Although I enjoy a nice walk in the countryside I am not a 'walker'. A walker will climb every mountain in the Lake District or Dale in Yorkshire or Derbyshire.
I like to tootle off down the road and maybe across fields near where I live, breathe in the fresh air, see the birds, the flowers and the insects. So it came as a bit of a shock to my system walking 5 miles up hill traversing steps going up and down in North Yorkshire last Sunday!
The http://www.ingletonwaterfallswalk.co.uk/>Ingleton Waterfall Trail was awesome. The rivers have cut steep paths in the rocks which I think are Gritstone and are slates that we use for roofing.
We started the adventure by passing through a large tall gate place, which was once a railway to carry slate to and from the quarries. We paid £4.50 each!
Parking up I just knew that the gardening the day before had taken it's toll on my legs and they felt like lead. Getting out of the car, I put on my sensible training shoes sensing that this could be quite an experience.
We sauntered off along the path with a small map specially printed, the size of a postcard. Not sure whether you are aware that steps, up and down, are often used to get fit.
Walking up the valley along the river we soon came across our first waterfall on the trail and yes it was pretty. However the path wasn't. It was strewn with stones and slate and quite uneven, so we weren't just traversing the steps but the uneven paths as well.
Much of the walk had wooden hand rails and a lot of the beautiful countryside had been covered with concrete to form a 'safe' path. This made it accessible to many different kinds of tourist.
They were all there in there thousands, sitting in the pools created by the waterfalls. There were many dogs wading around playing in the freezing cold water.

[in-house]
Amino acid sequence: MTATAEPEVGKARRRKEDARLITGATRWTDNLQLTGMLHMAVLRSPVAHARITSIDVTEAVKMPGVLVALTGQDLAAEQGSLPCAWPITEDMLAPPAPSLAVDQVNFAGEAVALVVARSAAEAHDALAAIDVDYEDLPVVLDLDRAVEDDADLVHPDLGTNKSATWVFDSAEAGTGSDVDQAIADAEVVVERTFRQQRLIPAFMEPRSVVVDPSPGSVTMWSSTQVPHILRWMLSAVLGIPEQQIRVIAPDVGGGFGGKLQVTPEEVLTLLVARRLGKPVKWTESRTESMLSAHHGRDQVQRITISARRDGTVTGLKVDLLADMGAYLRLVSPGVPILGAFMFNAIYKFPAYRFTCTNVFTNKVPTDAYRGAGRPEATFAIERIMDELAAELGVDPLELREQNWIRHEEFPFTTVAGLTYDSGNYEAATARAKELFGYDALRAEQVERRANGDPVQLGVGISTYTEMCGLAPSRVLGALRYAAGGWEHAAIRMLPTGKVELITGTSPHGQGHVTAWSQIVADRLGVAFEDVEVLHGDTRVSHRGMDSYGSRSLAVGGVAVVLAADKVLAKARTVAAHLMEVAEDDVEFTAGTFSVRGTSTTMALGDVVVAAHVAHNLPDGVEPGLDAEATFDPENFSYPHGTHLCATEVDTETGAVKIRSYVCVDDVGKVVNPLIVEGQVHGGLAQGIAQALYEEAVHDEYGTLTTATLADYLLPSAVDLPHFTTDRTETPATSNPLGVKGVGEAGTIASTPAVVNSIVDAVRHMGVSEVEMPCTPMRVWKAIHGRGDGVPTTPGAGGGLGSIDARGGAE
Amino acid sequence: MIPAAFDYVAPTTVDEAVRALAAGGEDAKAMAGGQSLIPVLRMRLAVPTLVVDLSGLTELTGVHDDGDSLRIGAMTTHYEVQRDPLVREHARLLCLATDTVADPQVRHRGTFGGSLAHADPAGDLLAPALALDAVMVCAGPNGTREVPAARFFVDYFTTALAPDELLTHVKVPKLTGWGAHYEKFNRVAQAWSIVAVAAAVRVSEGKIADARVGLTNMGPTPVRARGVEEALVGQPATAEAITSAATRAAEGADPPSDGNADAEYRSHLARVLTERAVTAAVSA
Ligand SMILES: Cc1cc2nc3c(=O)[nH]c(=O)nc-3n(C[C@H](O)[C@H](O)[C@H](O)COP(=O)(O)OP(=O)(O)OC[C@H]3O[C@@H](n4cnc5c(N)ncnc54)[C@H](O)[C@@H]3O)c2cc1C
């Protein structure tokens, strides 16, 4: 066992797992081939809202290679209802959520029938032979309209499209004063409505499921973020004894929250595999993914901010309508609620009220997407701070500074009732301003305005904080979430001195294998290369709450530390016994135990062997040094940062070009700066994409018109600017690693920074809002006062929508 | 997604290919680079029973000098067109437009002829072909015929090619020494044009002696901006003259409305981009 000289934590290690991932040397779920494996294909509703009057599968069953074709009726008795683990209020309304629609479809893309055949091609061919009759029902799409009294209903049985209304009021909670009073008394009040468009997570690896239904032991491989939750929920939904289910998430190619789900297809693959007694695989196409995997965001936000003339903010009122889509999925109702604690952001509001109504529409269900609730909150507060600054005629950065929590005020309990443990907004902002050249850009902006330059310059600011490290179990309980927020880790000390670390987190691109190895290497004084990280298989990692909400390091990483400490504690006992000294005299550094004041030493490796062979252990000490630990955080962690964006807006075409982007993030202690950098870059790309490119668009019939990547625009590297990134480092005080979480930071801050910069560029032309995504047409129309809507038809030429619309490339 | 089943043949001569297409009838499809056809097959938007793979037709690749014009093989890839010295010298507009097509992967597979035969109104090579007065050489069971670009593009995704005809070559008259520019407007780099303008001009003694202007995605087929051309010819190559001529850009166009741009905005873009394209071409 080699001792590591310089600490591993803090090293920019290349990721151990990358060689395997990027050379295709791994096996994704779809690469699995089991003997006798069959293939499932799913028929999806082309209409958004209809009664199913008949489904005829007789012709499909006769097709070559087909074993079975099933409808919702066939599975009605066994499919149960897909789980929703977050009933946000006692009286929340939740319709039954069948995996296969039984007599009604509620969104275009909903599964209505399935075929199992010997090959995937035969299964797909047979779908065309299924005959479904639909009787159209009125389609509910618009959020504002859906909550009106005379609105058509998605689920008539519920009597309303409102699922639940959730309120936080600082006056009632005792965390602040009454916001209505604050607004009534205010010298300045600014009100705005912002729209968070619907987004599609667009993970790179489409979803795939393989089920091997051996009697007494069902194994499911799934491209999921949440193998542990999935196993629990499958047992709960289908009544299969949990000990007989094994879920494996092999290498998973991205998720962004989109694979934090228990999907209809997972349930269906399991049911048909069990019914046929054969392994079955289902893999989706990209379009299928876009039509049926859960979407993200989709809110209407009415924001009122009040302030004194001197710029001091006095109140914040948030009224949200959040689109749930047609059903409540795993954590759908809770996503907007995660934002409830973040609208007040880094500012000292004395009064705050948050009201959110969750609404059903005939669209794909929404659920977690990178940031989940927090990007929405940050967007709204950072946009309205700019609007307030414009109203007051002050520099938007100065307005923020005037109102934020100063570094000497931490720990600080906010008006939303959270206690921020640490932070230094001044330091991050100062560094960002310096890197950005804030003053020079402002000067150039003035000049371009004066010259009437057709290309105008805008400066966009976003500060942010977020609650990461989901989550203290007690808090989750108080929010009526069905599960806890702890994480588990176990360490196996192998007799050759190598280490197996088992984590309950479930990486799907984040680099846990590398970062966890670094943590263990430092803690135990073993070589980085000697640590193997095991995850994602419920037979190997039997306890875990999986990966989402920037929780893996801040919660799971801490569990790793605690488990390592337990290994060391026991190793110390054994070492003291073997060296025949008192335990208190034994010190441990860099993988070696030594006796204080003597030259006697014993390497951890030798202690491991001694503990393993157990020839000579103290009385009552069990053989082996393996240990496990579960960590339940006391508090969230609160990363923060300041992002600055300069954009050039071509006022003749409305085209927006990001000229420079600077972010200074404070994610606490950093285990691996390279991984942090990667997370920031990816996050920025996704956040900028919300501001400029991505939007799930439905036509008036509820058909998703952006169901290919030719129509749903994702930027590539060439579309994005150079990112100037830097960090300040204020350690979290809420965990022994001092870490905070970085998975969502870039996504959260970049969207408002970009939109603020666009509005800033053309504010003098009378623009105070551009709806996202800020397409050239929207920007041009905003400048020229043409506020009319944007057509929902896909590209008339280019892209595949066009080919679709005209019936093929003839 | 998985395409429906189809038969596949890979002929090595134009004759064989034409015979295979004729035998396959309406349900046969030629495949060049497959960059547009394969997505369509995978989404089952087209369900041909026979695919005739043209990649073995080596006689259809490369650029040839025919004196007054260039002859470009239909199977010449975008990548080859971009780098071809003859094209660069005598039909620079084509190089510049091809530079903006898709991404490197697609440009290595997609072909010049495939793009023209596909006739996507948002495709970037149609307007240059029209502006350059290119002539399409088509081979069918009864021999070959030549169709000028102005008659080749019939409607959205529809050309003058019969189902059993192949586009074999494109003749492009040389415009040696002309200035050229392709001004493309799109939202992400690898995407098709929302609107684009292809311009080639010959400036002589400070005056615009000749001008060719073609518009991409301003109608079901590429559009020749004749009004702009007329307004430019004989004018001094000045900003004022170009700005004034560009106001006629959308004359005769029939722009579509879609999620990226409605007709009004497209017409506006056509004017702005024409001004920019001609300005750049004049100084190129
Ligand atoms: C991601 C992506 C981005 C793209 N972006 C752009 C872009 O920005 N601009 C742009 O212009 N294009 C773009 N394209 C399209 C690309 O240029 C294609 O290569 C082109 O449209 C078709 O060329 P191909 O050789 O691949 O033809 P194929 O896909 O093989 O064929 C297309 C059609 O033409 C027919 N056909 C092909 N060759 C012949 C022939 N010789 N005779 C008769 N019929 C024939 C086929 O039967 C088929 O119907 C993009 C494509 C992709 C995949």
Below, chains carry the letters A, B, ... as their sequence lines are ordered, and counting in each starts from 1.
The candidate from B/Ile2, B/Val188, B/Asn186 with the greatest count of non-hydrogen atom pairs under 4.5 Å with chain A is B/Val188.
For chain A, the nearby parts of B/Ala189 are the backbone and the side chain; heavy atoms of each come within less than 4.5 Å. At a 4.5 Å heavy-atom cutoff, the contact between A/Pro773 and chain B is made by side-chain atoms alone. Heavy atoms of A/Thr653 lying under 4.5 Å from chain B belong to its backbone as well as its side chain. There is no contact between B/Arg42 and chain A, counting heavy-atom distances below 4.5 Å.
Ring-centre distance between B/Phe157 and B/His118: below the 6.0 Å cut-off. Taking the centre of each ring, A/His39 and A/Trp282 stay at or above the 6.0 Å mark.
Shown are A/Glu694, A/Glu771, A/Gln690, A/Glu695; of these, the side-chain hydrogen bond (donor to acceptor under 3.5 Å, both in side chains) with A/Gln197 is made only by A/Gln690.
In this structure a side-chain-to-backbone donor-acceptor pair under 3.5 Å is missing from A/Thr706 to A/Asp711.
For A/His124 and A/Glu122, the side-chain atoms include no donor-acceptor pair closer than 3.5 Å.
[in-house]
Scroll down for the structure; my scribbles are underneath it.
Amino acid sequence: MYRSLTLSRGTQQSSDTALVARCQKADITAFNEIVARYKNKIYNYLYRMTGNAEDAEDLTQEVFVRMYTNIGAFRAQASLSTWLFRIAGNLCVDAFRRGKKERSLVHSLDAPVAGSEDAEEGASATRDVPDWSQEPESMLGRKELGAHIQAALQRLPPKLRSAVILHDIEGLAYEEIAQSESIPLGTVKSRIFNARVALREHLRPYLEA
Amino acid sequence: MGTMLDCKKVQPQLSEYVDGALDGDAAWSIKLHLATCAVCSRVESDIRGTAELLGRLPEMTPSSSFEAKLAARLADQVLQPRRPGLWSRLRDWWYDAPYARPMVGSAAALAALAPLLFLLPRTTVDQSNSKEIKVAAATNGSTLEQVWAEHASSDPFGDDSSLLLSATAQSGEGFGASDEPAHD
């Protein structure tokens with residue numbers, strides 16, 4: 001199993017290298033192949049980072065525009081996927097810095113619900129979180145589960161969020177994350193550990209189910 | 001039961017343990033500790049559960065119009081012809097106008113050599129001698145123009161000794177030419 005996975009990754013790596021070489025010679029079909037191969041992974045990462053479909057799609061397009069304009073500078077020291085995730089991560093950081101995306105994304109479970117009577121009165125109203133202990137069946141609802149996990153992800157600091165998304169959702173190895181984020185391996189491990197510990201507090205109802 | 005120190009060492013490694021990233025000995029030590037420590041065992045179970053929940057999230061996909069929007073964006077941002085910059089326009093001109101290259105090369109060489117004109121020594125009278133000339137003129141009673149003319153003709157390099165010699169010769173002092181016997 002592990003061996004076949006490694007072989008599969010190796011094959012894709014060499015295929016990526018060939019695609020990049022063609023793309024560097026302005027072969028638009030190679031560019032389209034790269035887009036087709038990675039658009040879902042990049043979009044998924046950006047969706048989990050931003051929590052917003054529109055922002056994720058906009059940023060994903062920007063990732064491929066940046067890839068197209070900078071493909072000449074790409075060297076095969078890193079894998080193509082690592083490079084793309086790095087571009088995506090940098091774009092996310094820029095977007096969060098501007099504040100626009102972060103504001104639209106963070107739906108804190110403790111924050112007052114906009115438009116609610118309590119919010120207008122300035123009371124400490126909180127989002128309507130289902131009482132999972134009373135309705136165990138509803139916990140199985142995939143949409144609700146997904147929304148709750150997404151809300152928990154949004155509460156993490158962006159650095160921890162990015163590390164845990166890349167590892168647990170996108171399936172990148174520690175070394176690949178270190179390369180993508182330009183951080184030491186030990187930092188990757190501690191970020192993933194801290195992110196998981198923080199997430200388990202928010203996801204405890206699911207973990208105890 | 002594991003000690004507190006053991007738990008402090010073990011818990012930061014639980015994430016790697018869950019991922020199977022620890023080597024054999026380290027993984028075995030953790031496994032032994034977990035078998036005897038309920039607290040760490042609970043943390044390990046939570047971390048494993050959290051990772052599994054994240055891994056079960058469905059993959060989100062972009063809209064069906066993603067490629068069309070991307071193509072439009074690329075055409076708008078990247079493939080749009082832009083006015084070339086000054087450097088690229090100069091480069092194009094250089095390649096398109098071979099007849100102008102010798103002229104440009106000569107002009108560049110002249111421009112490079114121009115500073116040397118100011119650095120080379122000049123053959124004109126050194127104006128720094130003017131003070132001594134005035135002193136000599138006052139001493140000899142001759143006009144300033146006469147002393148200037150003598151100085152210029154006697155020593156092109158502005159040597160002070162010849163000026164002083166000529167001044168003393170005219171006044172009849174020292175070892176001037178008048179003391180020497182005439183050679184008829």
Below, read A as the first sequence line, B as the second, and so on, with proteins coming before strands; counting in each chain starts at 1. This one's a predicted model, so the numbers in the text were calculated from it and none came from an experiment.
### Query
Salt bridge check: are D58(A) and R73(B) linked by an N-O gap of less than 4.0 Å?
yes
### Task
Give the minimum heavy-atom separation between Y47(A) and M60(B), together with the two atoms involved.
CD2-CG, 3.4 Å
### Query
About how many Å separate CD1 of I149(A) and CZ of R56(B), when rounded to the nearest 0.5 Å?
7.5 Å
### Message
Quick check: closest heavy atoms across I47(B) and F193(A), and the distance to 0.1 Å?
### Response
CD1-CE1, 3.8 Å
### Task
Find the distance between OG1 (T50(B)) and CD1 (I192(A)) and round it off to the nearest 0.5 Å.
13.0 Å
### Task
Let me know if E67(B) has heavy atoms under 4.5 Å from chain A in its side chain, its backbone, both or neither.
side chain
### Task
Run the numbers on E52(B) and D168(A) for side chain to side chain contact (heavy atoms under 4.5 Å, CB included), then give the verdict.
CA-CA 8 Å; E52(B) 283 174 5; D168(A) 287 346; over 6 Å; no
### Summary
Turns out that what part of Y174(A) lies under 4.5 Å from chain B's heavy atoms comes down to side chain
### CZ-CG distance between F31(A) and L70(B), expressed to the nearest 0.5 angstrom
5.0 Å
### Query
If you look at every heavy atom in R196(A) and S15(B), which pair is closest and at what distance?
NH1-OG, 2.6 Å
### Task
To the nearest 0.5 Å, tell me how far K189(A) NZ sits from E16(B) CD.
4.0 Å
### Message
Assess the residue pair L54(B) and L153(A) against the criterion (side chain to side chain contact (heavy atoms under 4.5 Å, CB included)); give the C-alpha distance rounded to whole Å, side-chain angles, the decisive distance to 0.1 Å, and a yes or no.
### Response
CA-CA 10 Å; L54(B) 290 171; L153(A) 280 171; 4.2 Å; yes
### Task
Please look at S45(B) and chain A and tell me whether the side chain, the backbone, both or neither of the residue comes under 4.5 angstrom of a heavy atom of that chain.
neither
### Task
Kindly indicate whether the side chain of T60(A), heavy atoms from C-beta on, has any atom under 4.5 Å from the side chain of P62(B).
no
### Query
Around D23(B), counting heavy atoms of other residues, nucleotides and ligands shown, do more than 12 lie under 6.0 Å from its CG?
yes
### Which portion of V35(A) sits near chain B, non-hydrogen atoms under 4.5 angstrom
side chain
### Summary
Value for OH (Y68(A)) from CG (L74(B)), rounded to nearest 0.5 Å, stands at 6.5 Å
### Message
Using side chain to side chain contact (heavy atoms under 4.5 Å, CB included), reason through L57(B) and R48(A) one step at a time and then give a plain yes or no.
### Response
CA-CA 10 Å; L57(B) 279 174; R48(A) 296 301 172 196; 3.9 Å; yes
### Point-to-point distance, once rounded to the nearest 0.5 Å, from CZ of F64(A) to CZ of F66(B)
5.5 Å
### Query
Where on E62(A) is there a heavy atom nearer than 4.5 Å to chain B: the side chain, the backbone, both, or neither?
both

We walked to the top of one river to find a shed selling hot dogs and ice cream! We walked on resting regularly.
As we peaked at the very top I looked down the valley and there was a village in the distance. I said "Where's that then?" and Mutley said "Oh that's where we have come from!"
I looked at him in horror, it was then that he showed me the map and the distance of the trail was printed on the bottom. I read a loud "Four and a half miles" and "takes between two and a half and four hours to complete".
I felt scared. We were high up in the mountains by this time, they were towering around us. Mutley kept getting attacked by flying ants and huge flies, they kept landing all over his shirt.
He was getting mightily shirty at this!We bought an ice cream.
Then we started the long journey down the other river valley, which was even more dramatic than the first. It was a long tiring walk.
At the bottom of the valley nearing the end we came across a field and I just lay down flat for half an hour to recover.
There were a lot of disgruntled people walking by complaining at spending money on such a grueling experience.
The National Trust 'own' this land and have created the trail and are raking in lots of money. What was distressing was that I saw no wildlife (except for the pesky flies and ants) which I put down to the dogs and the amount of people that have been attracted to the trail because of the concrete and wooden railings.
I was left wondering what it like before the National Trust turned it into a jurassic park.